||[Jun. 14th, 2007|12:22 pm]
Curious: Mawlynnong, Meghalaya.
Mawlynnong's claim to be the cleanest village around seemed to be true, with neat cement pathways and garbage bins all around; it seemed to have been developed as a model village, and that is where we were on the 20th of March.
We reached Mawlynnong on the 19th, in the night, following directions given by the guy at Shillong and asking people at every town(which were very sparse) we crossed. The house we were going to spend the night was built on stilts, looking down at the small valley. Two machans had been built with the support of the trees and were connected to the main house; with everything made of bamboo, they creaked, shook, moved at every step anyone took. The bath built separately was unique too: the water supply was through a hollow bamboo pipe and with the floor of the bathroom being made of bamboo too, the water just fell through.
The next morning our two guides took us on a half-day trip of interesting places near Mawlynnong. First on the list was a walk to a view-point of the Bangladesh border. The use of natural boundaries to form national boundaries is clearly visible here: the plains start a couple of hills from the view-point, and that marks the boundary between India and Bangladesh.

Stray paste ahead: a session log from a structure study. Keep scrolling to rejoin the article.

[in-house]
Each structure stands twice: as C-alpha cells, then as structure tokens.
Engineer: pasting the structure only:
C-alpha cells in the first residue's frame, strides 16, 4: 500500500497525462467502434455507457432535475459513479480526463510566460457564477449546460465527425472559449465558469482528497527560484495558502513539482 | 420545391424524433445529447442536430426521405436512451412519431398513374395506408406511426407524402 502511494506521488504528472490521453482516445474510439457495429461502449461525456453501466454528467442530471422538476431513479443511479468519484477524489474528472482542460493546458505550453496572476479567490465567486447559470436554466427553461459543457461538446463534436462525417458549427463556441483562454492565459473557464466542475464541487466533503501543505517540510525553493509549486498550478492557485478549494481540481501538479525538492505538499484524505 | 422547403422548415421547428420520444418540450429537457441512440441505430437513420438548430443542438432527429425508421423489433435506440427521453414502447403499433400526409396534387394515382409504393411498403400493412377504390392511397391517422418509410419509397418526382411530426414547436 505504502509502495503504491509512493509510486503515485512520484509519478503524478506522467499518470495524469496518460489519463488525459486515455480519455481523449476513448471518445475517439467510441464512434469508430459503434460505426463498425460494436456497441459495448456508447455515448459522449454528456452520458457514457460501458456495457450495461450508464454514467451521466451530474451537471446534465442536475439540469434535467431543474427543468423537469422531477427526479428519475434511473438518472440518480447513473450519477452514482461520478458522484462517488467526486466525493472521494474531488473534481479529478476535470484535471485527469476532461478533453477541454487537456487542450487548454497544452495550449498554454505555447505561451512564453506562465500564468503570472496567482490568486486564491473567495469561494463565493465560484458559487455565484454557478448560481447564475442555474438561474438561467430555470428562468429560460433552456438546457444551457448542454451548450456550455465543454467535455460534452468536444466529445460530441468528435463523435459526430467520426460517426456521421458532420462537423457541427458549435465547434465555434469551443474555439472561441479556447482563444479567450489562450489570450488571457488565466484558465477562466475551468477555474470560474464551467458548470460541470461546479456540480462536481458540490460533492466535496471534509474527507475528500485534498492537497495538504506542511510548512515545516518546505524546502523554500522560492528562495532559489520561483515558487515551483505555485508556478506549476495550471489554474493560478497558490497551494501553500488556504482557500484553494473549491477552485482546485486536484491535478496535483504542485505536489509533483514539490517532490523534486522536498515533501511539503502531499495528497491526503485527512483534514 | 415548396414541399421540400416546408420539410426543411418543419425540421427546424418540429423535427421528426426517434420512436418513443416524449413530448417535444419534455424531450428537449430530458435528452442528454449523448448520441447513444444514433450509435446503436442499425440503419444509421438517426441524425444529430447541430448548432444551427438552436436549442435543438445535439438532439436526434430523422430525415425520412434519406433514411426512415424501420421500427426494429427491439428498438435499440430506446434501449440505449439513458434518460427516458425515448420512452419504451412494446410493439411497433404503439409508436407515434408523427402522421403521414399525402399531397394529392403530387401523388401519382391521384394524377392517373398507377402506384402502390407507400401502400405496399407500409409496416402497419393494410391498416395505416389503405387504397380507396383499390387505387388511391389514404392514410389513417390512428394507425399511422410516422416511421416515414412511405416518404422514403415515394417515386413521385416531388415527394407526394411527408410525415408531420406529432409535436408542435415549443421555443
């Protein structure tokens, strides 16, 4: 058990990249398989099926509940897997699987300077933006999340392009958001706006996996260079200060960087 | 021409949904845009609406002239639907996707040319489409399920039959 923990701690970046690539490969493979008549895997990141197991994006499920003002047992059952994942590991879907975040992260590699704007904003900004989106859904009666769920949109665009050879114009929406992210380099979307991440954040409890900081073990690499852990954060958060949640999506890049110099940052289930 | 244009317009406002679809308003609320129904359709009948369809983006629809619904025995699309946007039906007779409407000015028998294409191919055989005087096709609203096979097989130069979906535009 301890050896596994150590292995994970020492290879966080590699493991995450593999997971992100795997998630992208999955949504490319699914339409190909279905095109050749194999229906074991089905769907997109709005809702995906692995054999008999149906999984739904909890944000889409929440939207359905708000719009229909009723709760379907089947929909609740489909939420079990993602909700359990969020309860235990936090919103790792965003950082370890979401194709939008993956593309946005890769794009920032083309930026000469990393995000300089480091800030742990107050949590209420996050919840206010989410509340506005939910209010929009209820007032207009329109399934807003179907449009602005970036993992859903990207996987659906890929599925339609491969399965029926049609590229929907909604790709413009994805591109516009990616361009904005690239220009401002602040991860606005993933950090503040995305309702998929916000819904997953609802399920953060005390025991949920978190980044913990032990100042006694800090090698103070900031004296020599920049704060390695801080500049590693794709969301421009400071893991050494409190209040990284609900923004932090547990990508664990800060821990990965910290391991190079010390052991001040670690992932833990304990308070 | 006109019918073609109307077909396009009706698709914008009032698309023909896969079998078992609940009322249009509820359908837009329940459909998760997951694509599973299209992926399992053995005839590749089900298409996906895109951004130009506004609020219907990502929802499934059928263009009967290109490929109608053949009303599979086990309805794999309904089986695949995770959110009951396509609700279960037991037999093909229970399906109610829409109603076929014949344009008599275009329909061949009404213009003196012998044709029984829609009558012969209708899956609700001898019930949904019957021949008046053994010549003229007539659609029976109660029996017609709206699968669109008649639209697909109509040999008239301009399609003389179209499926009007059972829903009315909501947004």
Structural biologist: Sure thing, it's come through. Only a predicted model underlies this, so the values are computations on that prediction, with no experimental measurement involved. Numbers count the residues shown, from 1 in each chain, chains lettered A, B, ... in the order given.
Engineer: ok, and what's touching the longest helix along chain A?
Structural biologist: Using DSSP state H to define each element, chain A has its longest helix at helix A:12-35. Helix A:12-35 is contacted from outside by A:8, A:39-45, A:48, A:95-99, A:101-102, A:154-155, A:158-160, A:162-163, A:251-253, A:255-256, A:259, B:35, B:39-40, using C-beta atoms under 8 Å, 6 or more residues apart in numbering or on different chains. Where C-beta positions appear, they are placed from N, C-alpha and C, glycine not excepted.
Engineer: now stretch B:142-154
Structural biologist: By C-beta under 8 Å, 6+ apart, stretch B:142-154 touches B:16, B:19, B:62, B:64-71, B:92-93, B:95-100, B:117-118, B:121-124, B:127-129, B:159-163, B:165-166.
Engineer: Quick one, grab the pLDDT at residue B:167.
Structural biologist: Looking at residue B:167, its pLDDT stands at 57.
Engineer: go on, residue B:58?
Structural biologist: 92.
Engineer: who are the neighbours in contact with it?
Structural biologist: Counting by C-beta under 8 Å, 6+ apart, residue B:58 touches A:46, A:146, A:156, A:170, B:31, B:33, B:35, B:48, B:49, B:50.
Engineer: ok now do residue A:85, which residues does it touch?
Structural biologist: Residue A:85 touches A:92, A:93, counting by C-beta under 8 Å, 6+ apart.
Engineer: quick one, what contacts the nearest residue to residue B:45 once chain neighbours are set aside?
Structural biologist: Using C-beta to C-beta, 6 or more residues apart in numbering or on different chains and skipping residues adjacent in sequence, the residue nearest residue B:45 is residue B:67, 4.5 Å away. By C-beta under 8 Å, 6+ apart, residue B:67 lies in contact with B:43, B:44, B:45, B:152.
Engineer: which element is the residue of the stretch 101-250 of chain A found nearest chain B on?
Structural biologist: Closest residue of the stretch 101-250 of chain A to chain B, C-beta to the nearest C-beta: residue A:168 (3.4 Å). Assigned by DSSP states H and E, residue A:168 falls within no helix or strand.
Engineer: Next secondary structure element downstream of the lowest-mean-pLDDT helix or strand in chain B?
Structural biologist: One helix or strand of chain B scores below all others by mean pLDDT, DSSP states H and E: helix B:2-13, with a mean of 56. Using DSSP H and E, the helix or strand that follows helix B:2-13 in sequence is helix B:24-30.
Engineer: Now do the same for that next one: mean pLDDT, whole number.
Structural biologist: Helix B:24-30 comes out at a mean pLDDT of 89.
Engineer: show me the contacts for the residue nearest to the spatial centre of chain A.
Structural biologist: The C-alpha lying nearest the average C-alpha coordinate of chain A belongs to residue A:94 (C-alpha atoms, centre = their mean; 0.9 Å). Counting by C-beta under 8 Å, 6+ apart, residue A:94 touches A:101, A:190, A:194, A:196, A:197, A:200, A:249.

Walking past two more villages in the other direction and taking a path down got us to the second place, a living-roots bridge: a bridge formed over a stream by directing the roots of trees across it, the tree continues to grow and people continue to use it as a bridge. This was a unique sight indeed. Follow the previous link for more information.
Last was a water fall, isolated by the surrounding forest and a walk down a path from the road. It was too hot with the noon sun and we were satisfied sitting in the shade by the flowing water with our legs in the water.
On the way back:
The way back was pretty simple since we knew the route. We did stop at a couple of places: once to just enjoy the white and pink flowers glowing in the evening light by the road and much later at a road-side town called Nongpoh, to have some tea and eat some food, where there were also a row of shops selling a variety of pickles, in the candle light.
North-East, Mar 17-Apr 1, 2007